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Young Skins by Colin Barrett
Young Skins


Winner of the 2014 Frank O’Connor International Short Story Award


“A stunning debut . . . The timeless nature of each story means this collection can—and will—be read many years from now.” —Sunday Times

“Exciting and stylistically adventurous.” —Colm Toibín
Turn of Mind by Alice LaPlante
Matterhorn by Karl Marlantes
 
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A biography of Clara, an eighteenth-century globe-trotting celebrity that also happened to be a fully grown Indian rhinoceros
Clara's Grand Tour
Travels with a Rhinoceros in Eighteenth-Century Europe
By Glynis Ridley
Grove Press
978-0-8021-4233-7 • $12.00 • Paperback • Jan. 2006
History (Europe)
A biography of Clara, an eighteenth-century globe-trotting celebrity that also happened to be a fully grown Indian rhinoceros

In 1741, an enterprising Dutch sea captain transported a young female Indian rhinoceros from Assam to Europe, where she was displayed before everyone from peasants to princes.

In an age before railways and modern roads, the three-ton Clara, as she became known, had to travel in an enormous coach drawn by eight horses. For seventeen years she journeyed across mainland Europe and Britain: she became a favorite of heads of state, including Frederick the Great and Louis XV; she modeled for scientific portraits and etchings; she inspired poems, songs, and fashions; and she was immortalized in everything from tin coins to the finest porcelain. She was a star.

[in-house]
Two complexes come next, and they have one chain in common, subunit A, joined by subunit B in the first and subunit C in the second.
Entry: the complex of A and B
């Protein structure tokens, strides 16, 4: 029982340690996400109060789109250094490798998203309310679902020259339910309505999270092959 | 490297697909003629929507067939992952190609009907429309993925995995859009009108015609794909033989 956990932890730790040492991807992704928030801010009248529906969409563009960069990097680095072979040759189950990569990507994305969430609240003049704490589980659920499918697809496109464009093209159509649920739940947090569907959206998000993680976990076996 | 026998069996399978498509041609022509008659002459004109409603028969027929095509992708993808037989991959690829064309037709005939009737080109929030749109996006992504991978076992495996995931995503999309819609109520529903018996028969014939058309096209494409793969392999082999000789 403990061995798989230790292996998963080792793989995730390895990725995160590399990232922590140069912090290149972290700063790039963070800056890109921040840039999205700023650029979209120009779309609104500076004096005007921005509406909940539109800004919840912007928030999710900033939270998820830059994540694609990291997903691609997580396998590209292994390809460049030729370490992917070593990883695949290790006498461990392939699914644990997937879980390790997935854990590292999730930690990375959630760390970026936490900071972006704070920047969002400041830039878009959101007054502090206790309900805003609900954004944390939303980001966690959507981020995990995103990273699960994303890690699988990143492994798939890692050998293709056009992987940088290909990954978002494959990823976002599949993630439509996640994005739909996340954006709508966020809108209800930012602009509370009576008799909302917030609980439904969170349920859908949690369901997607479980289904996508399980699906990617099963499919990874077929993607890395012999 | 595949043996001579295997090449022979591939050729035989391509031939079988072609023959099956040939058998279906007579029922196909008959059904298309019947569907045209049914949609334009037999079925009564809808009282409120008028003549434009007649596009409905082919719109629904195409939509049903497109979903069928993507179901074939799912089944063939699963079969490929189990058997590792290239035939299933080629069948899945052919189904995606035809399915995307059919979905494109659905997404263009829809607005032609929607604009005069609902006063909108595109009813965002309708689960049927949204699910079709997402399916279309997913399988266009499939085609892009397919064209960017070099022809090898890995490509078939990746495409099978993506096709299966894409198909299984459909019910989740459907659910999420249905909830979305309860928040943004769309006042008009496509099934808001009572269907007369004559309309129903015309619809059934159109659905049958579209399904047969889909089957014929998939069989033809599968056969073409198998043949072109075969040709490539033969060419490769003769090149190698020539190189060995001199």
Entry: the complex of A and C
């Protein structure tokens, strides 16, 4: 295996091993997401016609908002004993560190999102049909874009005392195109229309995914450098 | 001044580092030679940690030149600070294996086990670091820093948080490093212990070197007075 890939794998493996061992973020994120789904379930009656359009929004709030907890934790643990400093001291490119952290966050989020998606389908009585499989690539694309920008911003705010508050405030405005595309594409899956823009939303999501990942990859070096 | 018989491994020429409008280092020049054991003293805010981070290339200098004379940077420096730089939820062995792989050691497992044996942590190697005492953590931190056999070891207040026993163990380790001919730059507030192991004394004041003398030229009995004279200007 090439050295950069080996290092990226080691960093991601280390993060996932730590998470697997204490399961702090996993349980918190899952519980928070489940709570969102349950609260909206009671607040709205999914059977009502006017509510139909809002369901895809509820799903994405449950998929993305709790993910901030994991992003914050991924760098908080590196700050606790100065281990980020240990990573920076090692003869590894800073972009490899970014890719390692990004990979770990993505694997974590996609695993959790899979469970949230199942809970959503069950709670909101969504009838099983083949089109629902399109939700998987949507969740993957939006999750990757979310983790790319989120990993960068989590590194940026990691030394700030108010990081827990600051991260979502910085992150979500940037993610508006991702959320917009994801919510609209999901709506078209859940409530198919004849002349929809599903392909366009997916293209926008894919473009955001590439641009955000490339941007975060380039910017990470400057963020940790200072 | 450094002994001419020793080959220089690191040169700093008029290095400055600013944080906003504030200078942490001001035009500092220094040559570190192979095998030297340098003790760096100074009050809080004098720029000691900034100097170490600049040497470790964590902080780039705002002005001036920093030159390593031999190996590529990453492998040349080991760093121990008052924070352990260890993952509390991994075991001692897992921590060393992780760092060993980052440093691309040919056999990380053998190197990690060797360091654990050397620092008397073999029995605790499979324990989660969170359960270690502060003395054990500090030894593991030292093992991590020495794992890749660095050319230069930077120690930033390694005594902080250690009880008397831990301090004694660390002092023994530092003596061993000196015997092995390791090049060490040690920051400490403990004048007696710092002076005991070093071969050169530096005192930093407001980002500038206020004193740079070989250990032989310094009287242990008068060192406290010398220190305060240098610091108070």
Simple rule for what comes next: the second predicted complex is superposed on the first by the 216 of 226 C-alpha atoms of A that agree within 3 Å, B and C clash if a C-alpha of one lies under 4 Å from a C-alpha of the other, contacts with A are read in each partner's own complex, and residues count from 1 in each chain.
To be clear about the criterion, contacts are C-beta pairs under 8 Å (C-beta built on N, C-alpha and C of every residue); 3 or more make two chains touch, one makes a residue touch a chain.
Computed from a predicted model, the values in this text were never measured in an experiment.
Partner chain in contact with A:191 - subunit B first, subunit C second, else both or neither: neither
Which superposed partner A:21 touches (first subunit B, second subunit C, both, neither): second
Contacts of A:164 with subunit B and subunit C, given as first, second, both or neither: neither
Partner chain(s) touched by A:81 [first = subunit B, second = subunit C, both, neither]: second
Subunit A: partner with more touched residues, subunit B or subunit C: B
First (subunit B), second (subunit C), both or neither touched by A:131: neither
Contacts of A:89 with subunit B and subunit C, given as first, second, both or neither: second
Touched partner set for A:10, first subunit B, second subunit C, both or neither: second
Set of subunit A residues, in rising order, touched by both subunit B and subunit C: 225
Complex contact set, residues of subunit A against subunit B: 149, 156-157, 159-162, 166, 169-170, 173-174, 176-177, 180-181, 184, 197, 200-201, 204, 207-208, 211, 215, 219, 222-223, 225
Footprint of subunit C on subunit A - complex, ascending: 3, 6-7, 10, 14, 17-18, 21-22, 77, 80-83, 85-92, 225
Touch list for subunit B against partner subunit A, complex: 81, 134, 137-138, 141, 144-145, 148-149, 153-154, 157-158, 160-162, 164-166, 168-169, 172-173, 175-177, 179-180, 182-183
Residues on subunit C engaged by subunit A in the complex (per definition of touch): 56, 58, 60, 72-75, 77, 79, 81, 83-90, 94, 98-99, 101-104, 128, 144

Her tour involved unprecedented logistical planning, as no one knew how to care for this largest of land mammals. A rhinoceros can eat up to 150 pounds of vegetation a day—two and a half tons a month—and Clara developed an uncommon fondness for oranges, beer, and tobacco. Later, when Clara’s popularity threatened to decline, her owner orchestrated a series of publicity stunts. For instance, upon news of Clara’s certain and imminent death, there would be an upsurge in interest, sympathy . . . and bookings. She eventually ended her days in London, where she had become famous enough to merit mention in Oliver Goldsmith’s History of the Earth and Animated Nature and in Samuel Richardson’s Clarissa.

Awarded the prestigious Institute of Historical Research Prize, Glynis Ridley’s sparkling history brings Clara’s tragicomic story vividly to life. Clara’s Grand Tour is also a portrait of an era that saw the rhinoceros as both an object of marvel and a challenge to fundamental philosophical and theological beliefs.
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